The decision to use mass timber reflects consumer demand for wood’s aesthetic: calm, organic, warm, well-being, and health-conscious luxury. It is also a reflection of market demand for its sustainability, ecological and human health benefits. Architects talk about “healthy interiors” when advocating beautiful wooden building designs.
So, health and safety are a high priority for both consumers and developers alike. It is not just the safety of the structures; it is emissions too. Safety includes interior air quality and indoor emissions.
There are invisible carbon-containing organic chemicals naturally present in indoor air. They come from many sources, such as flooring, furniture, fabric, and paints. Even trees, humans, and pets emit volatile organic compounds (VOC).
Developers are painstaking in choosing low-emission flooring, paint, and other building products. As a result, VOCs are not typically present at a considerable concentration in the air of today’s buildings to be harmful or to cause sensory irritation symptoms in occupants.
Regulations, naturally, also play a role in decisions about building products that affect health and wellbeing. However, there is no global regulation approach on indoor air concentrations of VOCs emitted by adhesive formulations, specifically formaldehyde concentrations. Multiples regulations were developed over the past decades at different scales, but none have been largely adopted nor have covered multiple engineered wood products. Until 2017 when the US Environmental Protection Agency (EPA) has issued the Formaldehyde Emission Standards for Composite Wood Products, based on the California Air Resources Board’s (CARB), covering the whole US territory. In comparison, the European Standard EN 13986 for E1 classification only covers wood-based panels and is mandatory required in 8 countries out of total 27, and no other regulation is widely applied.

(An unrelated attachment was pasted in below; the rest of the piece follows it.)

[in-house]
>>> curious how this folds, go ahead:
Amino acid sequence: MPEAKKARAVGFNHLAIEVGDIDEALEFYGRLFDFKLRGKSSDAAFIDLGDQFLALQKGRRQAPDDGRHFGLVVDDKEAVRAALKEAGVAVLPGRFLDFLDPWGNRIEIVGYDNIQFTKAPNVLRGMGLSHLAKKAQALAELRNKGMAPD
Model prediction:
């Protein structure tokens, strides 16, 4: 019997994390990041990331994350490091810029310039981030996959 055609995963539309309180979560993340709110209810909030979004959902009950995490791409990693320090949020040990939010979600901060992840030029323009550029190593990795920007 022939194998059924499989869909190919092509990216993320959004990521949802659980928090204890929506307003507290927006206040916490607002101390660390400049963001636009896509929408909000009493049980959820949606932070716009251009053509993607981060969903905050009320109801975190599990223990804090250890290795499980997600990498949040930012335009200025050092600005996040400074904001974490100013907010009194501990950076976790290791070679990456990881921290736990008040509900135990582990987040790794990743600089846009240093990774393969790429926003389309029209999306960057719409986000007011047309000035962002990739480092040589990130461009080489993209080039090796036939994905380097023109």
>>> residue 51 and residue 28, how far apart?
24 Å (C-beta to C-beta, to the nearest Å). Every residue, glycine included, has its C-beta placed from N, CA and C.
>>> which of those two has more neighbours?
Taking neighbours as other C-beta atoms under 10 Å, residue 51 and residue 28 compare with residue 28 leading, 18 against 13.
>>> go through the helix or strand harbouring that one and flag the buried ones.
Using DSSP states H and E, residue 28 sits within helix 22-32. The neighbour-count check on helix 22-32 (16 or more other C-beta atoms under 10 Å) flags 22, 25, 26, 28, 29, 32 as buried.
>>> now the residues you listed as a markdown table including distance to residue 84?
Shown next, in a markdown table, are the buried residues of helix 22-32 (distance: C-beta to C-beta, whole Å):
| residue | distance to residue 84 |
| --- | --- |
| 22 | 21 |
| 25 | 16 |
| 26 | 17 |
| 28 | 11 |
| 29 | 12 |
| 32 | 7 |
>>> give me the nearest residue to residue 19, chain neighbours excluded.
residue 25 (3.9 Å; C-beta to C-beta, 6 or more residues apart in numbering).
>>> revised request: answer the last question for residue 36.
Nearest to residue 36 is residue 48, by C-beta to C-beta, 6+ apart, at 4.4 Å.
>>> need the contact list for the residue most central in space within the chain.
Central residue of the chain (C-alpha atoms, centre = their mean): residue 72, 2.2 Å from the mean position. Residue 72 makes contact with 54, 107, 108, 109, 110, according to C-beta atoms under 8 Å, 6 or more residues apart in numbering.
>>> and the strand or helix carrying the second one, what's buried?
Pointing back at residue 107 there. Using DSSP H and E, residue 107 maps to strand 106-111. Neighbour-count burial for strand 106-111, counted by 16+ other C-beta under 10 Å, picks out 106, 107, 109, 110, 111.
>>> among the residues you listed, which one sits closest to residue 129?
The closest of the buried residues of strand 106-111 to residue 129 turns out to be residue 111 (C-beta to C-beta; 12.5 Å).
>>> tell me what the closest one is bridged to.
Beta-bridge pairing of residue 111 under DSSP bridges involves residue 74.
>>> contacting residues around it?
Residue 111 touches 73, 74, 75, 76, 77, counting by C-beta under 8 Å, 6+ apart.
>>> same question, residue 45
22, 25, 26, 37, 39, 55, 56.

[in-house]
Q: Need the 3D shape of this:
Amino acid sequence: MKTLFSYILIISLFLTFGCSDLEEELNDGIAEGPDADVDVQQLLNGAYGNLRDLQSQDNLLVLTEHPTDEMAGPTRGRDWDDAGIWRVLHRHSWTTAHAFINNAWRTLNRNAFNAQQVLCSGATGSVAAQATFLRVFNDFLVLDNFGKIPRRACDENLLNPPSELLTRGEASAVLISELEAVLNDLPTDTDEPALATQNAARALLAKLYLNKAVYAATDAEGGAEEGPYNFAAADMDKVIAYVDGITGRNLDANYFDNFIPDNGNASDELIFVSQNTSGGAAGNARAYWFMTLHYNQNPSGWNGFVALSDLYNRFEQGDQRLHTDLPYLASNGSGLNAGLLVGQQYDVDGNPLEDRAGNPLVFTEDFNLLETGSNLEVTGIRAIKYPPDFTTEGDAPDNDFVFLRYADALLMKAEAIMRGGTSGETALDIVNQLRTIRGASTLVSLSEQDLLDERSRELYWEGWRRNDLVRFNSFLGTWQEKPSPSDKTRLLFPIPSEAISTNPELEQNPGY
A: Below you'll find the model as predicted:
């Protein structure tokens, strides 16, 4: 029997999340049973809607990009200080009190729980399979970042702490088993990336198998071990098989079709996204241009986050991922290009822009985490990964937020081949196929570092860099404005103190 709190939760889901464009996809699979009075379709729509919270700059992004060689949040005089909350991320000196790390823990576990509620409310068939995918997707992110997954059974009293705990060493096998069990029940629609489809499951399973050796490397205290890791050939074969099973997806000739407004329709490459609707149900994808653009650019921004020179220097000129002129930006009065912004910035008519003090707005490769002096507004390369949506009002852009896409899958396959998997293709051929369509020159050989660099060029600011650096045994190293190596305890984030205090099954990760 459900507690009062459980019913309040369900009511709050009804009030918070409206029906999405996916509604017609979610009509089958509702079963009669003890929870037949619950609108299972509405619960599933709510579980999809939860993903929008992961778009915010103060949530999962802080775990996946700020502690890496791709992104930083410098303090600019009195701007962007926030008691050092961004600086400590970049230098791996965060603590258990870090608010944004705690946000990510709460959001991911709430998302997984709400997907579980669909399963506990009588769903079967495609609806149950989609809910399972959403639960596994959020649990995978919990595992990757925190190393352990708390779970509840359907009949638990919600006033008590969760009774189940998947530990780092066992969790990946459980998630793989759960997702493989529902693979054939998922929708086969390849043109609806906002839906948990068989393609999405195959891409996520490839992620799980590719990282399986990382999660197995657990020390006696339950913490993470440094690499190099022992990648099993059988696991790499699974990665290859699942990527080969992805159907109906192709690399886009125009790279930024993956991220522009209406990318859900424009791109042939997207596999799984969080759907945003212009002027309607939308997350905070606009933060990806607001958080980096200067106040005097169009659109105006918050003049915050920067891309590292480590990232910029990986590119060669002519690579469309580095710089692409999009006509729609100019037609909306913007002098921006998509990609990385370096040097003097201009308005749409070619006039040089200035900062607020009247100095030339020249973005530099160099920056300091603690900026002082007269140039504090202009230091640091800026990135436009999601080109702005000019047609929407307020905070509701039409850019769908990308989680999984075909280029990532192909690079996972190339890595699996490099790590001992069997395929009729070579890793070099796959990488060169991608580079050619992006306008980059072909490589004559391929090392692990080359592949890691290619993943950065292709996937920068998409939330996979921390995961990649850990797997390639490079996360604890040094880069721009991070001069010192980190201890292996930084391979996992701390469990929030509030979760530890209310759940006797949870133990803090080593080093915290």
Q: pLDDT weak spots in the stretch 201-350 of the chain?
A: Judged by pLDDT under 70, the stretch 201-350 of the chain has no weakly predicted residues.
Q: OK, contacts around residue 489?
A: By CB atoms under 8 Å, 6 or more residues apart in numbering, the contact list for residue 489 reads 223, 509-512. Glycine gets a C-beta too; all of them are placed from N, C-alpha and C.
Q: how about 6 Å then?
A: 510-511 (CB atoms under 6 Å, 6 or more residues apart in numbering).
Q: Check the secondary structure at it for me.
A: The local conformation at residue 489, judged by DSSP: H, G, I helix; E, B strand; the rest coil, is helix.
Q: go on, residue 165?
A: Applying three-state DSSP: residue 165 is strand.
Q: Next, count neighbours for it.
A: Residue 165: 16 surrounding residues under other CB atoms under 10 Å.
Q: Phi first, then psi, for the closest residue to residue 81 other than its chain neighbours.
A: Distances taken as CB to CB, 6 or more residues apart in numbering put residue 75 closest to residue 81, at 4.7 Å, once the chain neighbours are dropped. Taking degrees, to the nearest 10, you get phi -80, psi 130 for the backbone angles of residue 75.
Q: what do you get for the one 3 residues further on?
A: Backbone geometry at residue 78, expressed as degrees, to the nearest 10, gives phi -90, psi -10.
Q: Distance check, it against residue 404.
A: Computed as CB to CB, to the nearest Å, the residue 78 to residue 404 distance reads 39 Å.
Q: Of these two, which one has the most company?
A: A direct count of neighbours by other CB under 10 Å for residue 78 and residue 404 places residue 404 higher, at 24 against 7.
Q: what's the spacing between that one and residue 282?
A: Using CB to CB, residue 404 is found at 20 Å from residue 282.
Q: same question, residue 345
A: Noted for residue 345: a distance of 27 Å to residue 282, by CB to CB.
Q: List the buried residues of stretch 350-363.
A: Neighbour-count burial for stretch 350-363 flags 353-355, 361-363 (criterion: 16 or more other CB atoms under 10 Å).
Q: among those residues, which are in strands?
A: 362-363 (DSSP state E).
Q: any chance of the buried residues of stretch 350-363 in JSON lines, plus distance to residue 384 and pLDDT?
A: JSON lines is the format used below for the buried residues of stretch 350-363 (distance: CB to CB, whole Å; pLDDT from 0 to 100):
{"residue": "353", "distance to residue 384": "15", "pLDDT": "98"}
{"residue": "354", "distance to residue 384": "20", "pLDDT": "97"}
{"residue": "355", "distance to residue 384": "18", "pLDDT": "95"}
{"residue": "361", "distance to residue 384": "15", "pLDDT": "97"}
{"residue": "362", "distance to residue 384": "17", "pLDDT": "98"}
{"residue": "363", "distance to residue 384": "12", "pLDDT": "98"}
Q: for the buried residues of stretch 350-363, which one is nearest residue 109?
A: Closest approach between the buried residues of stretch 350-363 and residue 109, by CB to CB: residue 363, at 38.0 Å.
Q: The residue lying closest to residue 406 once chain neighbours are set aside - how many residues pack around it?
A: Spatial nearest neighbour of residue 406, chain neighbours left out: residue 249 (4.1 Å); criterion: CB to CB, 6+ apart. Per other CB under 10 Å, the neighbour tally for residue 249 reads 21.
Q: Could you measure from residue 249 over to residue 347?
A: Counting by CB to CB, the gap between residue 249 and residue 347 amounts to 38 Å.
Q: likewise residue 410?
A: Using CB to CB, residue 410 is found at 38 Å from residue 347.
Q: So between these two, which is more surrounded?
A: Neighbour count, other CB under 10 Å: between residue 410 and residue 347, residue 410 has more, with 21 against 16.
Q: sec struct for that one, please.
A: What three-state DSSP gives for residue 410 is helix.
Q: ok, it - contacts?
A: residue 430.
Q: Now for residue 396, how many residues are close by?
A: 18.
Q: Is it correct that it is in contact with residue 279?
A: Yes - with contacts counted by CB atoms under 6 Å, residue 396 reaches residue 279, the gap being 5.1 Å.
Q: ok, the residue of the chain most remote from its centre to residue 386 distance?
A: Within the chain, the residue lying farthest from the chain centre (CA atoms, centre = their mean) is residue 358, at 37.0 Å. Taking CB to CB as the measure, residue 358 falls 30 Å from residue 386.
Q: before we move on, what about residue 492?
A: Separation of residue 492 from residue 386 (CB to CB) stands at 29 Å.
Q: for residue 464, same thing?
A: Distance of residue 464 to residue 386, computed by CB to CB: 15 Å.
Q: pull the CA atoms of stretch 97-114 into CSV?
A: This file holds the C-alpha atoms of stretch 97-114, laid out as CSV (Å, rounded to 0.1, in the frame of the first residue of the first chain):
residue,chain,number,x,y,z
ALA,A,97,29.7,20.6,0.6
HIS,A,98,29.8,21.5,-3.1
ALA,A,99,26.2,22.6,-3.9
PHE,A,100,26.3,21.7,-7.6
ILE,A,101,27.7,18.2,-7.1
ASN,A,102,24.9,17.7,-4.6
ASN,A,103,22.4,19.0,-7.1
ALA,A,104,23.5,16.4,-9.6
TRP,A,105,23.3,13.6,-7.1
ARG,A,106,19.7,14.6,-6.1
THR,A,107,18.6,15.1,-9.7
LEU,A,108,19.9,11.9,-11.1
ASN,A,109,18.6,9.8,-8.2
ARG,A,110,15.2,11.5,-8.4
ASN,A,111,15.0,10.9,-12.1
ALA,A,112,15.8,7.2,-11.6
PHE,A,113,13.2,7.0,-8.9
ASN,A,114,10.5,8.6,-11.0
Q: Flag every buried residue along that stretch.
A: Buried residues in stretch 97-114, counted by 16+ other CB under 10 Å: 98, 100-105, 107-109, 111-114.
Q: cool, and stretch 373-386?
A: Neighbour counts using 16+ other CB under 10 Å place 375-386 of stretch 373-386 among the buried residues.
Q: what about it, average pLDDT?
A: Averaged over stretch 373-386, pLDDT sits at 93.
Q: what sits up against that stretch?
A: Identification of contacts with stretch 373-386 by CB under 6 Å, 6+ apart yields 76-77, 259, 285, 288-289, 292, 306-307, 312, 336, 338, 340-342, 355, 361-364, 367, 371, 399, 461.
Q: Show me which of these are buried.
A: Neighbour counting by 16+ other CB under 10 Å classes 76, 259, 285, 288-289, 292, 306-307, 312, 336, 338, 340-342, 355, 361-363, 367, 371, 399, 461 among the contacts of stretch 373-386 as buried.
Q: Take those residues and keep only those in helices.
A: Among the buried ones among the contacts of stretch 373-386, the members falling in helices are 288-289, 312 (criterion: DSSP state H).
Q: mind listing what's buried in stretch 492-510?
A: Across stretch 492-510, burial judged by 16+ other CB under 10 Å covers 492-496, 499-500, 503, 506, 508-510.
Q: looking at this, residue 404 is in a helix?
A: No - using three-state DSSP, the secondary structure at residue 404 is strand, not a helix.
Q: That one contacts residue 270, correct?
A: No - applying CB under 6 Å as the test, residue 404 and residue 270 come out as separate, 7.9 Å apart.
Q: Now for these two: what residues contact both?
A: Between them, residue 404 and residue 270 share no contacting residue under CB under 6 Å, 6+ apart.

Until a common regulation emerges, there are certifications that the industry can comply with, such as Greenguard (USA), Natureplus & M1 (Europe), JAIA F**** (Japan), which have clearly defined the limits in their programs.